At McCabe and Mack LLP, Attorneys at Law, we all make time to give back to our community. Our lawyers not only represent clients, but also represent a collective spirit of volunteerism that we hope will help enrich the lives of Hudson Valley residents from all walks of life.
This month, we caught up with Partner Richard R. DuVall (“Rick”). When he’s not busy working with clients on cases that involve his practice areas of Business, Estate, and Real Property Litigation, Corporate and Partnership Transactions, Real Estate Transactions, and Banking, he serves on the Board of Directors of The Art Effect (among other things!). A father of two, Rick values being part of an organization that creates opportunities for young people to learn, grow, and discover. Here’s more about his good work with The Art Effect (formerly Mill Street Loft and Spark Media):
A. Per their website (feelthearteffect.org), “The Art Effect empowers young people to develop their creative voice to shape their futures and bring about positive social change. From in-school residences to art immersion summer programs; from one day workshops to professional apprentice programs; and from diverse summer programs in the arts to year-round art explorations, we have it all.”
I’d go on to share that their programs, which include Forge Media, The Art Institute, Residencies, and an Arts Camp, are really incredible for those who participate. I was a board member of Mill Street Loft which merged with Spark Media to become The Art Effect. The combined entity carries a longtime stellar reputation for cultivating the kind of creativity and curiosity that leads to self-confidence and success.
A. It was back in the 1990s when it was still Mill Street Loft when I was first approached to serve on the Board by an acquaintance of mine who was stepping down. I was in my thirties at the time, a young lawyer and a busy dad to little kids – after several years the timing was tough and I ended up shifting over to the Advisory Board. About 10 years ago, I was asked to return to the Board of Directors and I said ‘yes’. I’ve since served in leadership roles as treasurer and president. We all worked very well together when founder of Mill Street Loft, Carol Wolf, announced she was ready to plan for her retirement. Many small nonprofits struggle to sustain themselves when a founder who’s been running the organization retires, but we conducted a search and found Nicole Fenichel-Hewitt, who was a perfect successor to Carol. Nicole was previously the director of Children’s Media Project, which was rebranded as Spark Media Project. She had also developed an apprentice production outfit for local businesses and launched an International Youth Film Festival. Her interests were completely aligned with ours; we knew she’d be a great fit. So in January 2017, our Board officially announced Nicole as our new ED and we’ve since continued to build on Carol’s efforts to bring arts education to local youth while expanding on our offerings. It’s an honor to serve on a Board through a leadership transition that’s resulted in even more comprehensive arts programs for all whom we serve.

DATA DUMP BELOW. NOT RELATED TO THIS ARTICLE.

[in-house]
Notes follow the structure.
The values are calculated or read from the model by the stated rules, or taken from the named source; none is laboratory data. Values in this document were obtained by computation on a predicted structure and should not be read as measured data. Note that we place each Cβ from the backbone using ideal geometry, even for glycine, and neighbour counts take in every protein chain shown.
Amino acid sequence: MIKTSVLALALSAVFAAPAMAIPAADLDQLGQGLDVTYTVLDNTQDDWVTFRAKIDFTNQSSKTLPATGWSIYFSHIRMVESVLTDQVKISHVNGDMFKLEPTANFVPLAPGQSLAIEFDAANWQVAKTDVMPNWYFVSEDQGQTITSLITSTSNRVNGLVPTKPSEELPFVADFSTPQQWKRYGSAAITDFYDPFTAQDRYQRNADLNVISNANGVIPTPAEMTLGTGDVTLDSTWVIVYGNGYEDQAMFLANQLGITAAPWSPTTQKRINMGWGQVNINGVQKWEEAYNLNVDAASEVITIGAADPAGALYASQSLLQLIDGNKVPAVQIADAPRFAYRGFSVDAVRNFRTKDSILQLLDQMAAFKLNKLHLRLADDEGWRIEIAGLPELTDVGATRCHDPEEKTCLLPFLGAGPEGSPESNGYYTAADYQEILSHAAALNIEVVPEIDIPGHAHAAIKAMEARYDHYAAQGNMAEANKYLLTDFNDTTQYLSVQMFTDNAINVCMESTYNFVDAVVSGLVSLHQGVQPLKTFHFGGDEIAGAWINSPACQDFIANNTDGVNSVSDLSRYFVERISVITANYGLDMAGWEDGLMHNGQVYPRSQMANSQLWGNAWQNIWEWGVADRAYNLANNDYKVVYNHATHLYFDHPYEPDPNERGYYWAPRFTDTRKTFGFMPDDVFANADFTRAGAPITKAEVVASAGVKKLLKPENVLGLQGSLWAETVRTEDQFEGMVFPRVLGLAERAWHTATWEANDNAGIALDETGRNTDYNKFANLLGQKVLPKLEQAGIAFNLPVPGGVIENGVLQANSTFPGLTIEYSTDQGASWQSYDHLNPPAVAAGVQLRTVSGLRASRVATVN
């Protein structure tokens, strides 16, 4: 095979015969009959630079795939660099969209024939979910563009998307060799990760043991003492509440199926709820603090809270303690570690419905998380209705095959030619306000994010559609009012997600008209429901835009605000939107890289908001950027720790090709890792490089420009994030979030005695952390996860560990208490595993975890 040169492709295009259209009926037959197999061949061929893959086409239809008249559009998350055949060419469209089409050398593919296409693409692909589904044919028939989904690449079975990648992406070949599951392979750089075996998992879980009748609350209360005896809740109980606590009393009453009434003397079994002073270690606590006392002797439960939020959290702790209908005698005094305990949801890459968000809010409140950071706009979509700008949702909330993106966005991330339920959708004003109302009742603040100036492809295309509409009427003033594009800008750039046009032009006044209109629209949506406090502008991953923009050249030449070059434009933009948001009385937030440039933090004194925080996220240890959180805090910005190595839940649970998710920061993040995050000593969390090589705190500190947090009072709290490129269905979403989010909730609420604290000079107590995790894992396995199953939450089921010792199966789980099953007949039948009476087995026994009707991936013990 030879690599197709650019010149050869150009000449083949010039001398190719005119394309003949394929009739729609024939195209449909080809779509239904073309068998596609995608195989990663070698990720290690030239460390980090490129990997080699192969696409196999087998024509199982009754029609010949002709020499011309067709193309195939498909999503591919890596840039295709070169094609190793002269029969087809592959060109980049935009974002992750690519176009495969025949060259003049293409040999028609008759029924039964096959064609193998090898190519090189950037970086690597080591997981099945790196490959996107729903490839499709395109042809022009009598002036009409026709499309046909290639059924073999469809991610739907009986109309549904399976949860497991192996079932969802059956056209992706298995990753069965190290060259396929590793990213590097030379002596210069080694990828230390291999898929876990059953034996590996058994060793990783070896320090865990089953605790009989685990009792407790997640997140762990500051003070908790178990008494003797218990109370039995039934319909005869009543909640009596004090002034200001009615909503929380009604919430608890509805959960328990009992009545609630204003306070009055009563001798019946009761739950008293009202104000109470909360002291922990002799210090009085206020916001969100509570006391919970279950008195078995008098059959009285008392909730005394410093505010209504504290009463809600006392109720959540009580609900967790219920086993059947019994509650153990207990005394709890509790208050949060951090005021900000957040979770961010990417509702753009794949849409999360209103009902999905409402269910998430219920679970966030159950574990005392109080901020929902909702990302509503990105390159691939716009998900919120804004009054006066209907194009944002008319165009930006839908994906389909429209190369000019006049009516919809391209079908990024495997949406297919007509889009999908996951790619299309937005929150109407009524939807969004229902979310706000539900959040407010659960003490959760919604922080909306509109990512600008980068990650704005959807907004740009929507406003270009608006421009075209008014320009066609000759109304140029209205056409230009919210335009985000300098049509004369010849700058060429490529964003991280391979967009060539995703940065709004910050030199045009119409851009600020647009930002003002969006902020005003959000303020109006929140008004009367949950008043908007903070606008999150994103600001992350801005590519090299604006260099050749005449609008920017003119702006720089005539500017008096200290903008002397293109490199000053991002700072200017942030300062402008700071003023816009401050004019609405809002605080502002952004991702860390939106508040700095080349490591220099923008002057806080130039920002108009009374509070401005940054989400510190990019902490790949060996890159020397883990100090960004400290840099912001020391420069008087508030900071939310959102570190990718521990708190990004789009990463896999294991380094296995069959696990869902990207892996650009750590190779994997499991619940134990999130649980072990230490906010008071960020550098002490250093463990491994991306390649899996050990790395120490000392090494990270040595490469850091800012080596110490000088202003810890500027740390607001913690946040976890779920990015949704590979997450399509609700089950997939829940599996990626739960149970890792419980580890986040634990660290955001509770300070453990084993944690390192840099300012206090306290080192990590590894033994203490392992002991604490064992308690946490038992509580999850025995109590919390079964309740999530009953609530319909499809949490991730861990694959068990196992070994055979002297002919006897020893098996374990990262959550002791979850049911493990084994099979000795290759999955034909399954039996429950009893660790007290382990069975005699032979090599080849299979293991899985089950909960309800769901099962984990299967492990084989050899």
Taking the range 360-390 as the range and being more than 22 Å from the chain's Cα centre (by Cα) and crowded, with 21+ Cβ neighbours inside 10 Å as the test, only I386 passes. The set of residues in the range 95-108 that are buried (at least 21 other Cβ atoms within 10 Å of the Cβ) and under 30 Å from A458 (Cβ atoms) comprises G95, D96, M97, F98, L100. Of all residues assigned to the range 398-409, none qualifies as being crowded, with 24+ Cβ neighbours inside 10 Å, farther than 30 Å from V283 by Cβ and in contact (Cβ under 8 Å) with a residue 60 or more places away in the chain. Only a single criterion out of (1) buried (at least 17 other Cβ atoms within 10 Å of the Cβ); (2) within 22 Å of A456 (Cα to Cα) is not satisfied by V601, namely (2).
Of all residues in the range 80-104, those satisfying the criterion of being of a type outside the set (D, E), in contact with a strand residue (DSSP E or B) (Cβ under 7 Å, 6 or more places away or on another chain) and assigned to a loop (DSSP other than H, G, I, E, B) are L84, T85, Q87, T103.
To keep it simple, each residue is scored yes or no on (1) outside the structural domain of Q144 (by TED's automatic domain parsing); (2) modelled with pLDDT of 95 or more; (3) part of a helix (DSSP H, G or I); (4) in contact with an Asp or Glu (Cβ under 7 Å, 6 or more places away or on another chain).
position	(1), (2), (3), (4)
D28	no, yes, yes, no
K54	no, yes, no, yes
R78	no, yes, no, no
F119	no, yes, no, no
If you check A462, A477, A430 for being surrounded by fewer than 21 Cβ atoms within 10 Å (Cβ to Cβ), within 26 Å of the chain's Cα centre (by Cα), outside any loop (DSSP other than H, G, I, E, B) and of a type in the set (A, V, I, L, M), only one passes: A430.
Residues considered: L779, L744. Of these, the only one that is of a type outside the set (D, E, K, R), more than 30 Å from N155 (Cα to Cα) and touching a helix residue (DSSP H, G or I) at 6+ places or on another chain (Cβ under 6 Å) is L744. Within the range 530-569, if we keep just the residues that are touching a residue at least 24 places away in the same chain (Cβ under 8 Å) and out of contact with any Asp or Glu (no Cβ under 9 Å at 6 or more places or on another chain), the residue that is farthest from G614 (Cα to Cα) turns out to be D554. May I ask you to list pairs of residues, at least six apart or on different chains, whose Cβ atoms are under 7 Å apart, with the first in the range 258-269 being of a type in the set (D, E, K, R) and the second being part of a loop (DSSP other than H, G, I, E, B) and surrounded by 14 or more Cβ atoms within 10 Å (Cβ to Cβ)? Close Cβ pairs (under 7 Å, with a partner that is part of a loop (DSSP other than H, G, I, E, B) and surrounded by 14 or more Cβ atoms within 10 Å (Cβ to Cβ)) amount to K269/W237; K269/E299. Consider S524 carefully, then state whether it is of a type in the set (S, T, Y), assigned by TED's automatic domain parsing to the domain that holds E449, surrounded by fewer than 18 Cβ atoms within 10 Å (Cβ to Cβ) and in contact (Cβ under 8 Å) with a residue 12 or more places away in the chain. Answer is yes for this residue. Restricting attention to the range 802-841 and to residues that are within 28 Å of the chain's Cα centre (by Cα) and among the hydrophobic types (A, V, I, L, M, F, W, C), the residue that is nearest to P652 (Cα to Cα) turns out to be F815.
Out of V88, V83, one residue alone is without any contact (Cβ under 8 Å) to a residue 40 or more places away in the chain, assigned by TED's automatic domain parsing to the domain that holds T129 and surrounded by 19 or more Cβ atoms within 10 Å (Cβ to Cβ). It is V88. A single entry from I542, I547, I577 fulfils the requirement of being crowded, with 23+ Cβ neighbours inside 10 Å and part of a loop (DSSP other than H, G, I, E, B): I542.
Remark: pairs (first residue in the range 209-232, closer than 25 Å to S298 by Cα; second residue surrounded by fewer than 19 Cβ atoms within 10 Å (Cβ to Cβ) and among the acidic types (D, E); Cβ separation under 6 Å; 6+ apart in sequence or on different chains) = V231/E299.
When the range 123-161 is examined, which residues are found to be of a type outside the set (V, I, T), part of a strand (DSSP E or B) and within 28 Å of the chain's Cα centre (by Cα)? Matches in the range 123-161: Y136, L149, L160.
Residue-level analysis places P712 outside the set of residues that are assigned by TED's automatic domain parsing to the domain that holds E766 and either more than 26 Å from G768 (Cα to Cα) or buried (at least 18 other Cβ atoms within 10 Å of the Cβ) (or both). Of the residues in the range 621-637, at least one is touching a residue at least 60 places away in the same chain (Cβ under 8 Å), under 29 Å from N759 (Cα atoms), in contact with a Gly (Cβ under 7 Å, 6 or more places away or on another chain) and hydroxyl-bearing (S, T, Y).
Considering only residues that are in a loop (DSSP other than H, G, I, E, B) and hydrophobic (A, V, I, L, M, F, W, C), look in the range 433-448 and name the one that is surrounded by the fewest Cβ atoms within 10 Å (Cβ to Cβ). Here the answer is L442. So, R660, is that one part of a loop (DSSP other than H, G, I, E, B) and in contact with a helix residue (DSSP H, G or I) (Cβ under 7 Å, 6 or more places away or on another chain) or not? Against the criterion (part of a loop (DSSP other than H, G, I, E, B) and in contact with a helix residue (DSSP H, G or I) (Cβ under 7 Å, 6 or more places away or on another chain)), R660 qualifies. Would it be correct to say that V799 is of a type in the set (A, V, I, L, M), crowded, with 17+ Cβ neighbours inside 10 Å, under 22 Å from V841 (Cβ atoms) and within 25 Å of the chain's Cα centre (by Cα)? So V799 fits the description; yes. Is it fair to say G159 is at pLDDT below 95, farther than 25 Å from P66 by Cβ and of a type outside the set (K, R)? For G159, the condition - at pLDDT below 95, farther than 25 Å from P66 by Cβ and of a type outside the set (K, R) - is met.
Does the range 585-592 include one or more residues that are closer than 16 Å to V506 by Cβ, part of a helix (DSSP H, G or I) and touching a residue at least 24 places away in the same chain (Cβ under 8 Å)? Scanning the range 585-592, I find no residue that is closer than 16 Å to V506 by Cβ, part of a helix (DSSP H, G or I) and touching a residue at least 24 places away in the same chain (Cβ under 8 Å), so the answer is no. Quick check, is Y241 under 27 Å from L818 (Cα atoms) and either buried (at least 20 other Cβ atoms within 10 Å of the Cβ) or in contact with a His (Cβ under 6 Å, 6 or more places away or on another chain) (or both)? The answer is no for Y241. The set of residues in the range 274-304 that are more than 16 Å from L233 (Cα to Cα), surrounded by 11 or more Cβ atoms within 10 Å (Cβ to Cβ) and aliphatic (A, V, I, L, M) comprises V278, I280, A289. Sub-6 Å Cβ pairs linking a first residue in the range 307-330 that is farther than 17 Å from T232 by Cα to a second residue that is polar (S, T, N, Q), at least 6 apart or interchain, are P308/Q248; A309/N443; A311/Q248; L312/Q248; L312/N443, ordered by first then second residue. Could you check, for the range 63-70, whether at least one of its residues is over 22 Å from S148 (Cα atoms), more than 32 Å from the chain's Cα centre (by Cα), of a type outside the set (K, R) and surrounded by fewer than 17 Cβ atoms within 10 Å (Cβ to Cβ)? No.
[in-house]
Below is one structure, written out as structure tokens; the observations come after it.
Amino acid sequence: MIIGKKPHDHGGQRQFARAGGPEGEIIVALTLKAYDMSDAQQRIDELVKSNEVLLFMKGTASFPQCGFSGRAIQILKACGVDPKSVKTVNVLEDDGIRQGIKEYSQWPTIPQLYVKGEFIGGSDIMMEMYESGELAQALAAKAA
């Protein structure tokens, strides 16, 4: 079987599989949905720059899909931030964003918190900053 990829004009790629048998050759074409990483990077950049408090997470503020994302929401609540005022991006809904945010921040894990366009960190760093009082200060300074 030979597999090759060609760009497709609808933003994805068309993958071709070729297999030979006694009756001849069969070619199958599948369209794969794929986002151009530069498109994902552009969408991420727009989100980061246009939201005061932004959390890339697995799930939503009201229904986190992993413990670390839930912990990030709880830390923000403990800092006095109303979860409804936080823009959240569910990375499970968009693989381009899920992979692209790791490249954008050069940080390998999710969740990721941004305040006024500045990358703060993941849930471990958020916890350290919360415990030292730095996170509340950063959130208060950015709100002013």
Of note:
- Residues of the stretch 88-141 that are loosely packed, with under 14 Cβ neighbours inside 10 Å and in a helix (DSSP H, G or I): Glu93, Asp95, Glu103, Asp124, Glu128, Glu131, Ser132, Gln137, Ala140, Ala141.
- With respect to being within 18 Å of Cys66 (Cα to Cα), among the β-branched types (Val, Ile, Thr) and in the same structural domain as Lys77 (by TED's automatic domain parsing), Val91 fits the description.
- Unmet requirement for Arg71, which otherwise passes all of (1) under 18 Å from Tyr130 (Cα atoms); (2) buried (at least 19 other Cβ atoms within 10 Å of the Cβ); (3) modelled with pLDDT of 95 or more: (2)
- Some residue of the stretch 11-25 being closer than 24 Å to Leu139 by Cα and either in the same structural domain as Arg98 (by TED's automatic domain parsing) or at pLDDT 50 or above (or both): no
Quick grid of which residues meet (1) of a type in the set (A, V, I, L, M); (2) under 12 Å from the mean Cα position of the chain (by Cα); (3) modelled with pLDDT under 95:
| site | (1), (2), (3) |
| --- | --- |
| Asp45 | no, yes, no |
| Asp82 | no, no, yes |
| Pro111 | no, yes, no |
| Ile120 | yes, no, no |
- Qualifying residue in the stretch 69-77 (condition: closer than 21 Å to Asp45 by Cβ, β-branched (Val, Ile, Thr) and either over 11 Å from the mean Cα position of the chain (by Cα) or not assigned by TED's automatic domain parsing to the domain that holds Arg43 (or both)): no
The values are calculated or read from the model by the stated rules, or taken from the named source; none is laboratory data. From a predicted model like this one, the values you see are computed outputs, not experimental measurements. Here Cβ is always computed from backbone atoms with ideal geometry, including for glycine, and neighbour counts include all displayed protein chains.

A. While some boards tend to be fundraising vehicles, this Board allows me to be really hands-on. And we’ve got a great group – some are artists, some are former students who started off in disadvantaged situations but are now very successful in their careers and lives, others are local community leaders. I love being involved with an organization that can boast so many incredible outcomes; we offer so much to kids who really need help developing their sense of purpose. It shapes their entire lives. We teach them that there’s a work world for creatives out there. We give them a chance to find meaning by using their artistic skills in ways that bring them success and fulfillment. The stories are awe-inspiring.